Genetic testing on a 12-pound lake-record bass recently caught on Lake Naconiche revealed that it was the son of a 14-pound bass caught back in 2004 on Falcon Lake, which is some 450 miles away. How is that possible? In a word: Sharelunker.

From this story in the Houston Chronicle:
In December 2004, Jerry Campos was fishing for bass on Falcon Lake in Laredo and he caught a 14-pound largemouth bass, later named the ShareLunker 370. _Nine years later, Allen Lane Kruse of Nacogdoches set a water-body and catch-and-release record for Lake Naconiche when he caught the 12.54 pound bass. DNA testing showed that the recent catch is the son of ShareLunker 370, which spawned at the Texas Freshwater Fisheries Center in Athens. Campos had entered his fish into a “ShareLunker” program, which allows catchers to share their prize fish with others. Fingerlings from the program that spawned have stocked into more than 60 reservoirs across Texas.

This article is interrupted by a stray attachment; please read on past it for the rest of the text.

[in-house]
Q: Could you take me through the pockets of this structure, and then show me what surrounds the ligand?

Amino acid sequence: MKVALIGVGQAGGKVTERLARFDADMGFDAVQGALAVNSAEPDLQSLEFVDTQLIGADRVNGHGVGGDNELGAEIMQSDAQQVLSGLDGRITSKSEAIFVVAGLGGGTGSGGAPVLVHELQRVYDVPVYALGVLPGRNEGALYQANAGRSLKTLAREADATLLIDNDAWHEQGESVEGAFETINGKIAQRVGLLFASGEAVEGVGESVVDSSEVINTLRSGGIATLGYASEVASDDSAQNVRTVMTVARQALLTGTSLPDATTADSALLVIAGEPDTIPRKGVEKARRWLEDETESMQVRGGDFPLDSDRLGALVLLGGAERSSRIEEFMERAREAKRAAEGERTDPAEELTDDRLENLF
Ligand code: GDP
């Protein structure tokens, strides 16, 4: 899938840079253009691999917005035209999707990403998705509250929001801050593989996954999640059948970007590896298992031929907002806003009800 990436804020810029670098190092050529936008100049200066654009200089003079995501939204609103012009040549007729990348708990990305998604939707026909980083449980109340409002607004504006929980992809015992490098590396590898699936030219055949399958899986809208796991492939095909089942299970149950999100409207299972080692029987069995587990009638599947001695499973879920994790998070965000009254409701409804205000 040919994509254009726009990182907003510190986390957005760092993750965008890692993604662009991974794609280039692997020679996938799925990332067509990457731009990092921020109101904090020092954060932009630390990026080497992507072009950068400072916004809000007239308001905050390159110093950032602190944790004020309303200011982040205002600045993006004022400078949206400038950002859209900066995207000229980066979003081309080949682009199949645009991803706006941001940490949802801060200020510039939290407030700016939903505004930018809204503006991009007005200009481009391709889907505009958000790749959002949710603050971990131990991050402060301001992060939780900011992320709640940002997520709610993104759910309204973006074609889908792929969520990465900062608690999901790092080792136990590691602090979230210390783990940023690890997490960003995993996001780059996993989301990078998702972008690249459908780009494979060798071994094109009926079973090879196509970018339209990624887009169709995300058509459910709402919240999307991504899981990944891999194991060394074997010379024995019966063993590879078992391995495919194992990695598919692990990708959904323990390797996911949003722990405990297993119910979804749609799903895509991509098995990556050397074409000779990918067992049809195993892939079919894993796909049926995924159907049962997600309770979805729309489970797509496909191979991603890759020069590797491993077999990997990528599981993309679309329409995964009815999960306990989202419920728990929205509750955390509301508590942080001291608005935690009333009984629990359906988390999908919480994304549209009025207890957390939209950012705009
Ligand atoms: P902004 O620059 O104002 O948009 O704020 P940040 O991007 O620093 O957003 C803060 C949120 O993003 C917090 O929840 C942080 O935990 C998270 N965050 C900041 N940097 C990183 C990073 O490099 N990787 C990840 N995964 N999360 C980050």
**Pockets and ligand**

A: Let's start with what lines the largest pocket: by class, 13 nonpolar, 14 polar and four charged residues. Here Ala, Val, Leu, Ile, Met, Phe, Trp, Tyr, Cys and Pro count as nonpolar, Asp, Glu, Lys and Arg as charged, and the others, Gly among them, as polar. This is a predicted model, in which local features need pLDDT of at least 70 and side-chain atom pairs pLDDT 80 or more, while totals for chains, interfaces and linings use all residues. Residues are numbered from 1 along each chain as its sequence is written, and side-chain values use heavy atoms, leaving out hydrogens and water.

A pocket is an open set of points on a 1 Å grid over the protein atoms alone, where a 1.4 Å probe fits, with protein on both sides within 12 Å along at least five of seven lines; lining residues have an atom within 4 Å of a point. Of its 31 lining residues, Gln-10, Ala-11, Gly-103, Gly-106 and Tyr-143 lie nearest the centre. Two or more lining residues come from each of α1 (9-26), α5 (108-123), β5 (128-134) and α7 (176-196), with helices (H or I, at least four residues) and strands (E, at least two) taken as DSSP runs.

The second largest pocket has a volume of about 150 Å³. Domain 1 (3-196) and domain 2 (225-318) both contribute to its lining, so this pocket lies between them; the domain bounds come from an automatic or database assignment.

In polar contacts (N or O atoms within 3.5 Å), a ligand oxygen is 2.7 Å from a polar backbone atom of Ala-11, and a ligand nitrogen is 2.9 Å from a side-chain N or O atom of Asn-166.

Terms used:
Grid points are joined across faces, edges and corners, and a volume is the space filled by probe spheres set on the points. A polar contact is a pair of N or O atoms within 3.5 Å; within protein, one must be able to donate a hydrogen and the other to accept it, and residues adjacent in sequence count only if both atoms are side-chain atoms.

According to the story, the Lake Naconiche fish has all sorts of connections to the Texas Sharelunker program, including a father that was caught at Lake Fork in 2000, a grandmother caught from Lake Fork in 1994 and a great grandmother that came from Gibbons Creek lake way back in 1988. The Lake Naconiche record fish’s mother produced over 12,000 fingerlings that were stocked all over the state, but the fish caught at Naconiche was actually one of 173 adult bass that were released into the lake in 2009.

Pretty fascinating stuff, and a testament to how effective the ShareLunker program has been at helping turn Texas into a word-class bass-fishing destination. Does your state have a similar program?